Food says so much about where you’ve come from, where you’ve decided to go, and the lessons you’ve learned. It’s geography, politics, tradition, belief and so much more and this week, we invite you to dig in and discover the rich, ever-evolving taste of America in 2011. The week will culminate with a Secret Supper in New York City, and Eatocracy invites you to participate online starting Monday July 11th at 6:30 p.m. E.T.
On maps, New York’s 7 train links Midtown Manhattan with Flushing in Queens, but it really connects New Yorkers from all over the world: so much so that the city has dubbed it the “International Express.” In 2000, it was named a National Millennium Trail, in recognition of its serving as “a metaphor for the migration of all the world’s people to America’s shores.”
Most of its stops are in Queens, which is one of the most diverse counties in the United States. 47 percent of the population was born outside the United States. This migration has brought with it a huge number of excellent restaurants, and the 7 train is a passport to eating all the way around the world.
At the Butcher Block in Sunnyside, near the 40th Street stop, Irish immigrants can find newspapers from home and potato “crisps” in all flavors, but most action is at the butcher counter. On Sunday, the baked-ham special makes the store smell wonderful. The Ecuadorian cashier notes that their clientele is largely Irish, saying, “What I noticed about Irish people is that they can’t live without things from home. Their own bread, their own water, their own tea - they’ve got to have it!”
Just a few blocks down Queens Boulevard at Mangal, a busy place with a steady takeout business, a Turkish waiter named Ismail Karci makes a similar point. “Maybe 50 percent of the people coming in here are Turks from Sunnyside. We like to live here because it is easier to be around people you can talk with and ask for help. People who are not Turks come here also. In Astoria there are Greeks, in Flushing Chinese – many of them come here to eat, and we like to go there too.”
Several stops further, past the Bum Bum Bar and the Filthy Rich Unisex Barber Shop & Flawless Skin Clinic, is Woodside, another neighborhood full of interesting food. One of the city’s best Thai restaurants, SriPraPhai, is here, Donovan’s Irish pub does one of the very best burgers in New York, and the V&V Italian Bakery (with a mostly Latino staff) sells a fine éclair.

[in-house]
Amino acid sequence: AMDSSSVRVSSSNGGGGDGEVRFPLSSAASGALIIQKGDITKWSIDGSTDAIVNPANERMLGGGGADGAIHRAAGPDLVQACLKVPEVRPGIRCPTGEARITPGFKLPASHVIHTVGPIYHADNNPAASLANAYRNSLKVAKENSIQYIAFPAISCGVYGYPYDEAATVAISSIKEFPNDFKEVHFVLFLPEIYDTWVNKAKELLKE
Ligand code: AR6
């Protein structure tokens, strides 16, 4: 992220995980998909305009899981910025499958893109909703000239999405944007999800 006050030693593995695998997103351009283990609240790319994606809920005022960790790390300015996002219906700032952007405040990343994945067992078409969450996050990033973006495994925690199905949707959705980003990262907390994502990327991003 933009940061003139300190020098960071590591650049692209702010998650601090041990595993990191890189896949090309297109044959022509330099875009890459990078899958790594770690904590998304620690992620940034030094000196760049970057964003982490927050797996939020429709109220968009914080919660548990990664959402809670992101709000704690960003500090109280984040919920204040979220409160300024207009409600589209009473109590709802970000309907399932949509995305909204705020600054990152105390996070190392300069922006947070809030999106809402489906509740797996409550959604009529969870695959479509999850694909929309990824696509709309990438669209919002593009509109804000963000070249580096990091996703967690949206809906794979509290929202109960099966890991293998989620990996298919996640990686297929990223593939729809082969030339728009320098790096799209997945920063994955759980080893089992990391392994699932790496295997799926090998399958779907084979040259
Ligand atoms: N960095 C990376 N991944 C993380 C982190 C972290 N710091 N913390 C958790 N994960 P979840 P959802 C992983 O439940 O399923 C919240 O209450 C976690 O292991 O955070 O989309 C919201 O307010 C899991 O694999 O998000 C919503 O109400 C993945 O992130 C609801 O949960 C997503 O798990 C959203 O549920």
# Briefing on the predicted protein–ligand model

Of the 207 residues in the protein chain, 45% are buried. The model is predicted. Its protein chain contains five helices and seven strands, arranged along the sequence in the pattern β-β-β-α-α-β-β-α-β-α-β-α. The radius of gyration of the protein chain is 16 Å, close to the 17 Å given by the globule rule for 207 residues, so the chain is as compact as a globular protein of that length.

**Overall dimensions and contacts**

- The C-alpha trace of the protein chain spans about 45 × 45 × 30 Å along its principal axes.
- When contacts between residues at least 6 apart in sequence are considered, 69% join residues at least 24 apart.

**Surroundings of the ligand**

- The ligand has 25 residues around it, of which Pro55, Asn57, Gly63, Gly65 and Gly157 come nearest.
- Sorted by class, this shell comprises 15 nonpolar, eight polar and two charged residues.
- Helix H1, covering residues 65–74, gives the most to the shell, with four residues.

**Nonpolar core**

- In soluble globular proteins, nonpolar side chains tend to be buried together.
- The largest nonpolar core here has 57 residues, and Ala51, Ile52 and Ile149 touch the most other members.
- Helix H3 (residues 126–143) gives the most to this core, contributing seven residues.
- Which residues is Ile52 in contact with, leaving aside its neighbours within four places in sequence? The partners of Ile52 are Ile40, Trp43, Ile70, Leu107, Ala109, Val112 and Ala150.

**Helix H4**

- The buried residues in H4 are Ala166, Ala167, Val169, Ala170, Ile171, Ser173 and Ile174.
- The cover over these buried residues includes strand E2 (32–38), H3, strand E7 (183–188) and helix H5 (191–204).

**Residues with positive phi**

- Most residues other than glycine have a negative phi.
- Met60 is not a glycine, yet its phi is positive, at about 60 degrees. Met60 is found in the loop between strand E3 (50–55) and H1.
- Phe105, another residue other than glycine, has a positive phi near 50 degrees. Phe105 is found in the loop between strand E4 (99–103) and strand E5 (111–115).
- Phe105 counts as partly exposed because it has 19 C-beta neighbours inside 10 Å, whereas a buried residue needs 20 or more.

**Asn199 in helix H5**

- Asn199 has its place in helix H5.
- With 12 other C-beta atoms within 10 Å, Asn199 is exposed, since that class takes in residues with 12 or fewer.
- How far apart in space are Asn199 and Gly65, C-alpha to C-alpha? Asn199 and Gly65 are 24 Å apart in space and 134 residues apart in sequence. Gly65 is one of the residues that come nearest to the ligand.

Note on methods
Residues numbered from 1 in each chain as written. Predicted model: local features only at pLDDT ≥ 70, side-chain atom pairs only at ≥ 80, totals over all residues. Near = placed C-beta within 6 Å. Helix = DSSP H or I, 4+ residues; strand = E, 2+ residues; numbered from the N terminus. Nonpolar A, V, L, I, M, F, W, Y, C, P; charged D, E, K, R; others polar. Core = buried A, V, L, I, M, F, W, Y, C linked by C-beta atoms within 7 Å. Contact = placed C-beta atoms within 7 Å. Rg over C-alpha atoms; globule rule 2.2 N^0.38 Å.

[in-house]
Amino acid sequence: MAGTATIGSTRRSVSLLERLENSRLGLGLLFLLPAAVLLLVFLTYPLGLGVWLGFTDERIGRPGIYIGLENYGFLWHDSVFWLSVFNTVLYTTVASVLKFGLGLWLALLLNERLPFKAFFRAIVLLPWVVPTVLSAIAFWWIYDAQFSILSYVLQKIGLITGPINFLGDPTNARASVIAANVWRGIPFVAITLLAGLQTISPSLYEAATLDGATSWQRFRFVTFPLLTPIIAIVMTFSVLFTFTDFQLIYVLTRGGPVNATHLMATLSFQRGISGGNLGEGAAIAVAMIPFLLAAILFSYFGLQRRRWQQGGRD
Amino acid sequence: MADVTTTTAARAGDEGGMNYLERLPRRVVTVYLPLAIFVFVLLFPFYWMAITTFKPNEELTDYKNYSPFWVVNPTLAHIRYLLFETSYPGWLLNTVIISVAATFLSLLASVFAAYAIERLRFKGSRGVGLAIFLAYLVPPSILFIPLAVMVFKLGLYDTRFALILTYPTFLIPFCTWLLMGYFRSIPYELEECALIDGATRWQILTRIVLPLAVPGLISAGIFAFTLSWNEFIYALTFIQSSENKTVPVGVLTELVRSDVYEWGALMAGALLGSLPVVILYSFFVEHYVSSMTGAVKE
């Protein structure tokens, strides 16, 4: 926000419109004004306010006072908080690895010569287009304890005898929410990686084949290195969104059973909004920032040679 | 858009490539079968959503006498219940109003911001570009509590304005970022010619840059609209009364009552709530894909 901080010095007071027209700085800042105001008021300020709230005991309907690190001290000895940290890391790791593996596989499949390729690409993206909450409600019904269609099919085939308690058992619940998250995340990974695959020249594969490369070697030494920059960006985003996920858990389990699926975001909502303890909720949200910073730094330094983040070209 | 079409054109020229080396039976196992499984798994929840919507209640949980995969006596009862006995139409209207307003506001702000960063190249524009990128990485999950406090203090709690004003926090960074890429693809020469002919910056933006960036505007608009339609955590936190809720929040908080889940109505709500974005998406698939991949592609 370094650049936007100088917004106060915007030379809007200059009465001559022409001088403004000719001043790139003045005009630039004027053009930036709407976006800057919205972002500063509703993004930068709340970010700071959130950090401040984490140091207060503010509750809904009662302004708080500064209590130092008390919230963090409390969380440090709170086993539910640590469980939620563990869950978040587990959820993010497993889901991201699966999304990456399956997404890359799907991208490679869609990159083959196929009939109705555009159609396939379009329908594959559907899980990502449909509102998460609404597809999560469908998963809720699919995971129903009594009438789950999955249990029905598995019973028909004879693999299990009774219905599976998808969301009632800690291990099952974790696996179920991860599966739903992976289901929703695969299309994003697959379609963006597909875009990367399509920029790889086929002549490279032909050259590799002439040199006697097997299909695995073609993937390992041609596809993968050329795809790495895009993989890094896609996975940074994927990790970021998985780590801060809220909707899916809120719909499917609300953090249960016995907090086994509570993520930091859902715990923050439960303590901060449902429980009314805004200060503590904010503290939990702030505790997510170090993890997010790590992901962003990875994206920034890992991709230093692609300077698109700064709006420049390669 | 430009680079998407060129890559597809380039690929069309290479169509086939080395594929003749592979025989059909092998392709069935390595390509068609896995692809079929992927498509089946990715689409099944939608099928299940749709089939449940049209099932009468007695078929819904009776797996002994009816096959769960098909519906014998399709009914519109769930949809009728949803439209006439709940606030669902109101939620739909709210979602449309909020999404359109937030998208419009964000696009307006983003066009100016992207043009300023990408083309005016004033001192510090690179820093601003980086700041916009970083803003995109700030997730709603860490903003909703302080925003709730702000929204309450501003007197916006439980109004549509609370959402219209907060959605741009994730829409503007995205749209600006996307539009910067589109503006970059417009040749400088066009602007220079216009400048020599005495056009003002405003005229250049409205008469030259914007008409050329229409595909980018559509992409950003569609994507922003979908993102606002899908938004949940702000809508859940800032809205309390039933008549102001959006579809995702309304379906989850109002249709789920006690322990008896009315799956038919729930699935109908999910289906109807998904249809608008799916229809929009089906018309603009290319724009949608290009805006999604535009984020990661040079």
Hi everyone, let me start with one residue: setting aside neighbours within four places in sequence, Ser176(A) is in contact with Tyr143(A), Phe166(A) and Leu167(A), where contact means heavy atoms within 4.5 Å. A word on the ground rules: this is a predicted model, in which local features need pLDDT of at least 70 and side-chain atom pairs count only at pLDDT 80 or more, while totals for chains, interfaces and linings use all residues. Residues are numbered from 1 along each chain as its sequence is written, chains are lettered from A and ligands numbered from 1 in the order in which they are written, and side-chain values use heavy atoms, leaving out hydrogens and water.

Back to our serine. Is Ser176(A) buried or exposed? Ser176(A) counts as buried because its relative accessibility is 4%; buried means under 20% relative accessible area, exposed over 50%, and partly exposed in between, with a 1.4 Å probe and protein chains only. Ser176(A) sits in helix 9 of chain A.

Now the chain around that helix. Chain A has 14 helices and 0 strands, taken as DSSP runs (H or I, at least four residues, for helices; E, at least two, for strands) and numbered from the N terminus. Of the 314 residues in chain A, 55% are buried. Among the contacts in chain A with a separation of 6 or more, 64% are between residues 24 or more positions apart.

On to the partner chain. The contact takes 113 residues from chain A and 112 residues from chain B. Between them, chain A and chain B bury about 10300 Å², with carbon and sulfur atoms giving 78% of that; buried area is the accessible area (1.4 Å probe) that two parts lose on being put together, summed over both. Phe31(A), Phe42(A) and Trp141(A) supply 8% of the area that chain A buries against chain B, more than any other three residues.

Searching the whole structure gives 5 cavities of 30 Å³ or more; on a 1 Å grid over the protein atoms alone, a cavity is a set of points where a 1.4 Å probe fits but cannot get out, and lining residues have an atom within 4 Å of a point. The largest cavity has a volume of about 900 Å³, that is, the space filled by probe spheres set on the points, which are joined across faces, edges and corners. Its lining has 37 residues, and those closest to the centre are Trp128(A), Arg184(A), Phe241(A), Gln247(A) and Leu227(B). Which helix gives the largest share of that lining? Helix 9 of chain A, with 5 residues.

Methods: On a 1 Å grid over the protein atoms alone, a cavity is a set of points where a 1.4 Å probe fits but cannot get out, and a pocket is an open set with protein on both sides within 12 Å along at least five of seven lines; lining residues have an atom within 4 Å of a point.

But much of the population is Filipino. As Emma Bizon at Renee’s Kitchenette down the block explains, Woodside is “Little Manila.”
“More and more city people are coming in here from Manhattan," she says, “Especially Filipinos married to Americans – a lot of them are coming to eat food from home. On the weekends, we get a lot of tourists.” They come for the restaurant's specialties of garlicky adobo and kare-kare: oxtail with peanut sauce and tropical vegetables.
East Asia turns into South Asia along Roosevelt Avenue. Jackson Heights is next along the International Express, and it’s dominated by Indian, Pakistani and Bangladeshi restaurants, though there’s also Korean fried-chicken, several Tibetan restaurants, an excellent taqueria with unusual daily specials, and food carts galore.
At Rajbhog, the oldest Indian vegetarian place in Jackson Heights, third generation owner Nirav Shah has overseen some menu expansions. “We have so many Americans coming in, and they all want to try our food, and so many are vegetarian. We had many requests for vegan food too.”
Non-Indians drove some menu additions, such as the samosa sandwich – a delectable flattened samosa on bread with mint chutney. The restaurant is even kosher-certified, which was an easy credential to get for a vegetarian restaurant, and Shah says that it’s enhanced their sales.
Jackson Heights is "a hub for all of the surrounding areas to do their shopping.” Shah explains, and the changing demographics of the neighborhood show that. While the area is becoming more Bangladeshi, with Korans and halal food for sale on the street, the neighborhood still supports the Indian shops that it’s known for.